People often make errors when choosing and using financial products and can suffer considerable losses as a result. Using behavioural economics we can understand how these errors arise, why they persist, and what we can do to ameliorate them. Behavioural economics uses insights from psychology to explain why people behave the way they do. People do not always make choices in a rational and calculated way.
In fact, most human decision-making uses thought processes that are intuitive and automatic rather than deliberative and controlled.
Our preferences are influenced by emotions and psychological experiences.
- Present bias – spending on a credit card for immediate gratification
- Reference dependence and loss aversion – believing that insurance added on to a base product is cheap because the base price is much higher
- Regret and other emotions – buying insurance for peace of mind
Rules of thumb can lead to incorrect beliefs.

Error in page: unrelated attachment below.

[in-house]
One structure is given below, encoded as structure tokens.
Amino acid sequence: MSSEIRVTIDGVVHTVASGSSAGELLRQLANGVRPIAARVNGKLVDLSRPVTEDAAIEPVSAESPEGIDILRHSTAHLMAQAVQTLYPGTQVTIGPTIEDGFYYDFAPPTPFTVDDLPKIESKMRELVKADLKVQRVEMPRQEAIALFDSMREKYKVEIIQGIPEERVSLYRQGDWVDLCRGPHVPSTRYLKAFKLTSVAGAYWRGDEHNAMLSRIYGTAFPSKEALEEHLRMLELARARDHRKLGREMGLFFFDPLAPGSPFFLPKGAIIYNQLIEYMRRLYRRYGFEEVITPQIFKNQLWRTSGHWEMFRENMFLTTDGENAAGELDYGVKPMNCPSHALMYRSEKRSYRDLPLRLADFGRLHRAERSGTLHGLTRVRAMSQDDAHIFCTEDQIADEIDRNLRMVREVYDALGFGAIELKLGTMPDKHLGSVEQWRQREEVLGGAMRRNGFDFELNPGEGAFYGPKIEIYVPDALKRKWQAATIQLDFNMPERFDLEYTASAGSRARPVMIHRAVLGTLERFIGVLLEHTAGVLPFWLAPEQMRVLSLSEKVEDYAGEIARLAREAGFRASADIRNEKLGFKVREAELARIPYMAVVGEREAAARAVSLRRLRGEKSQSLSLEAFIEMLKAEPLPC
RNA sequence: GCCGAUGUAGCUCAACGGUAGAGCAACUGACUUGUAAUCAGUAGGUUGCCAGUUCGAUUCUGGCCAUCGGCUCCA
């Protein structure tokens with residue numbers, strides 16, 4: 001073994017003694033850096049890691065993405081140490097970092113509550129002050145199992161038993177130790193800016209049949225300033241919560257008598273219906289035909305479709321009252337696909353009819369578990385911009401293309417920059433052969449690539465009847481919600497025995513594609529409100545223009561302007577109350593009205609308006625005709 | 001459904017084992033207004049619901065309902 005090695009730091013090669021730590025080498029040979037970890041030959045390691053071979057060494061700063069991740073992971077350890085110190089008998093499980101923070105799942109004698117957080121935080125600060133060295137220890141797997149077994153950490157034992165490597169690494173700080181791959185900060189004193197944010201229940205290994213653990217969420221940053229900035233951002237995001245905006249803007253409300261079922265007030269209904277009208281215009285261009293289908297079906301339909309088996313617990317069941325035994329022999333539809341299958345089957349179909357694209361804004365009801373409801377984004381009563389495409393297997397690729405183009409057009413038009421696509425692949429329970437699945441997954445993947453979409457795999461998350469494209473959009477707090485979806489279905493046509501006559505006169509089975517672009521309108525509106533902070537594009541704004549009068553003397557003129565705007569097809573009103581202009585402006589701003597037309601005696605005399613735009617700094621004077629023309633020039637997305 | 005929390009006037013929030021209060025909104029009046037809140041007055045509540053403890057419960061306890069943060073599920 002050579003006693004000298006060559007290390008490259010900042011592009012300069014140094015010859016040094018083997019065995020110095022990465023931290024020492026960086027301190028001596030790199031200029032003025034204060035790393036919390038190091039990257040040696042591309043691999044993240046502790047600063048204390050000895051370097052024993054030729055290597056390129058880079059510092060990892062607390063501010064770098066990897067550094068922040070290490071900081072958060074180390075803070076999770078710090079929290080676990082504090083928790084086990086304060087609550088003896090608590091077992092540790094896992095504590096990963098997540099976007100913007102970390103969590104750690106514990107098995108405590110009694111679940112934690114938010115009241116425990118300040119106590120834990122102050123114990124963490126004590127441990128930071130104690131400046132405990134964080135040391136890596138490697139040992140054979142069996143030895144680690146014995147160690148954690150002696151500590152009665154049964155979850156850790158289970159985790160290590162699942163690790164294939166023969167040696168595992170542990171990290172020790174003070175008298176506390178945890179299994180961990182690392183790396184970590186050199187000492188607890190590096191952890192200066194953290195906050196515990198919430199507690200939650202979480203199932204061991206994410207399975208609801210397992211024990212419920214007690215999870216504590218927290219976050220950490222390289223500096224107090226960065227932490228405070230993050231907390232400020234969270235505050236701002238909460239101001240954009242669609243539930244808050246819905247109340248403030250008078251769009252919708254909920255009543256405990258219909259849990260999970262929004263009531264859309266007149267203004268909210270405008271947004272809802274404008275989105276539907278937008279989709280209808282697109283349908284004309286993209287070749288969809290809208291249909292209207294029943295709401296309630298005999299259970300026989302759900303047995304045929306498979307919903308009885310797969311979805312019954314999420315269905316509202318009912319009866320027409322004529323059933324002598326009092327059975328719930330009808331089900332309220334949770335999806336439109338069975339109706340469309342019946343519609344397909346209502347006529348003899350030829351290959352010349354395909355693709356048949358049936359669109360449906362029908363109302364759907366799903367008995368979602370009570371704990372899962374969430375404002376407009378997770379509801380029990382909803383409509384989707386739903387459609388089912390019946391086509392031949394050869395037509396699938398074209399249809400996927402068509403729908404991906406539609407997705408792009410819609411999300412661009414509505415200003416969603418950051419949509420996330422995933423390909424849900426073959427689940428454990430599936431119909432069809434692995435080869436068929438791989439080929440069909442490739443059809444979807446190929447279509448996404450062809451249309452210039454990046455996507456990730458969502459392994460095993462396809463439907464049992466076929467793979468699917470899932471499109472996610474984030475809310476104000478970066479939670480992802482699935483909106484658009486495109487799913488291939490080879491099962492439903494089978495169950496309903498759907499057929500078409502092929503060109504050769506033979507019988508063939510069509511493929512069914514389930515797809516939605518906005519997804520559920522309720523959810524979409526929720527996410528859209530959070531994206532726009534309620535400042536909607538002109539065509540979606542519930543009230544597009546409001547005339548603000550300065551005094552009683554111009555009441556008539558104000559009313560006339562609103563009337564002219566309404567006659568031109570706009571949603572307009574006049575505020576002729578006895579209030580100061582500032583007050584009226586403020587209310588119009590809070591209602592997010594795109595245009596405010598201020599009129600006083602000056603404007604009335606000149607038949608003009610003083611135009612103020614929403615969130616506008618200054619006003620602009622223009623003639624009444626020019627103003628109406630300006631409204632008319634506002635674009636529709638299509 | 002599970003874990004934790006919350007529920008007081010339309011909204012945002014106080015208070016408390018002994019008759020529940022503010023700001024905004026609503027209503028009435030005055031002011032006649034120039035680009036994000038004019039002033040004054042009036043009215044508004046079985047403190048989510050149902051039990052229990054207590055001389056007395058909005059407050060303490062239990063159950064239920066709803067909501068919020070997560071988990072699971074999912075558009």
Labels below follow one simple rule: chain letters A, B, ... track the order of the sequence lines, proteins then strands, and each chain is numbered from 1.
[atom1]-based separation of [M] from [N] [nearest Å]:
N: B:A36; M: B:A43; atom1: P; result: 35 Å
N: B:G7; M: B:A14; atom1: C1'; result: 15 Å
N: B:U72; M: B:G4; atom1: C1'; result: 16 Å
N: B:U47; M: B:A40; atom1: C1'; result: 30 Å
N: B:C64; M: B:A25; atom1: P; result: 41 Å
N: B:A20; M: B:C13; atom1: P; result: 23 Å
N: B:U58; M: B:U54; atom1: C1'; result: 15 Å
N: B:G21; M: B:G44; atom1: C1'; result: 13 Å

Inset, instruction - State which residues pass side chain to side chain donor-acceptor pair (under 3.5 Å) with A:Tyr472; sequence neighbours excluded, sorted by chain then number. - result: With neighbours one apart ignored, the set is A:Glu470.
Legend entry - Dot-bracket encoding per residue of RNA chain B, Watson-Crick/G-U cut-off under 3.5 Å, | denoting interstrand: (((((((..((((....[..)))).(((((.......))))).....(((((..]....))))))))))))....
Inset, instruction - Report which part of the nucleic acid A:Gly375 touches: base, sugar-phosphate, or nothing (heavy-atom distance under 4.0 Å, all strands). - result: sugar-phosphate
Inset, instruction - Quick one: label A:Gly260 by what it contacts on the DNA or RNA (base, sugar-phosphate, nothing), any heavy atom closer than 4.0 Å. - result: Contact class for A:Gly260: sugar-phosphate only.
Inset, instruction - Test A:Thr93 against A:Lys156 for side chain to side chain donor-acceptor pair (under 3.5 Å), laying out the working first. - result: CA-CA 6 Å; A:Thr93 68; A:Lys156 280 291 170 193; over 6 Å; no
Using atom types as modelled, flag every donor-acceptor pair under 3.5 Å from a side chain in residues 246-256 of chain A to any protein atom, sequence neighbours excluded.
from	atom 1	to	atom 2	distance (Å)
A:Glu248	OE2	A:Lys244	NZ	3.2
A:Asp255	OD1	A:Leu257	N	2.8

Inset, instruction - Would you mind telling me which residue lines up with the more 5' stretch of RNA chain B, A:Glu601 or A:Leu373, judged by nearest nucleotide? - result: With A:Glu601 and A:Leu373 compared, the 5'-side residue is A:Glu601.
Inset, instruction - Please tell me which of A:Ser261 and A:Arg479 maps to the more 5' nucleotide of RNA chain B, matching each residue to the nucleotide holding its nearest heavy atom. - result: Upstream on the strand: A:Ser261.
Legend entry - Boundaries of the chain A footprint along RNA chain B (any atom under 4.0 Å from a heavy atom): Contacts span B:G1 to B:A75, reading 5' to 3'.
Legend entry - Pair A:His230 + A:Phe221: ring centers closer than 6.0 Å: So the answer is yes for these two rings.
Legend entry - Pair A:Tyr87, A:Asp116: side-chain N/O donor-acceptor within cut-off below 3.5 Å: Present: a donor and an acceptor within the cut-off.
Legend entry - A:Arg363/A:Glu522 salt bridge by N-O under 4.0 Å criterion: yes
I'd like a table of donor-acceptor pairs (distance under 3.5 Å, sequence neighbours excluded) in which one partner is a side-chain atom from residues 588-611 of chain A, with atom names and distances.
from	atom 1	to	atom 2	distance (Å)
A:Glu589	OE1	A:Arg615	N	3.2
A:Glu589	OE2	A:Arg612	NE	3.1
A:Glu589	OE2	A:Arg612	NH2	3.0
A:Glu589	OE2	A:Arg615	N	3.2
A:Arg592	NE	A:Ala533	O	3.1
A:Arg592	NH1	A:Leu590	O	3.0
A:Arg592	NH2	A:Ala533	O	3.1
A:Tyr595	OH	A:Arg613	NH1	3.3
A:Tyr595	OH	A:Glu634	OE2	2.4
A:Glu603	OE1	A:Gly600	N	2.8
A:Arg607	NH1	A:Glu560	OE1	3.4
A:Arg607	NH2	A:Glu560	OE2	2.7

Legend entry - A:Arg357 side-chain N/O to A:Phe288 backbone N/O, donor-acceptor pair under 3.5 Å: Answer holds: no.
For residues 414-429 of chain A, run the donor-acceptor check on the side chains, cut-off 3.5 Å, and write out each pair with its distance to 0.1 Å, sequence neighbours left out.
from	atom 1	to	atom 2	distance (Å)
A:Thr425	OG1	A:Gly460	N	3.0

- Overconfidence – excessive belief in your ability to pick winning stocks
- Over-extrapolation – extrapolating from just a few years of investment returns to the future
- Projection bias – taking out a payday loan without considering payment difficulties that may arise in the future
We use decision-making short-cuts when assessing available information
- Framing, salience and limited attention – overestimating the value of a packaged bank account because it is presented in a particularly attractive way
- Mental accounting and narrow framing – investment decisions may be made asset-by-asset rather than considering the whole investment portfolio
- Decision-making rules of thumb – investment may be split equally across all the funds in a pension scheme, rather than making a careful allocation decision
- Persuasion and social influence – following financial advice just because an adviser is likeable
It is common sense that people will make mistakes when purchasing financial products and we know market forces themselves will not reduce these mistakes. That is why Regulators are increasingly focussing on financial advisers to be the ones who are required to be ‘the adult in the room’ when dealing with retail investors and in many cases, to help save people from themselves.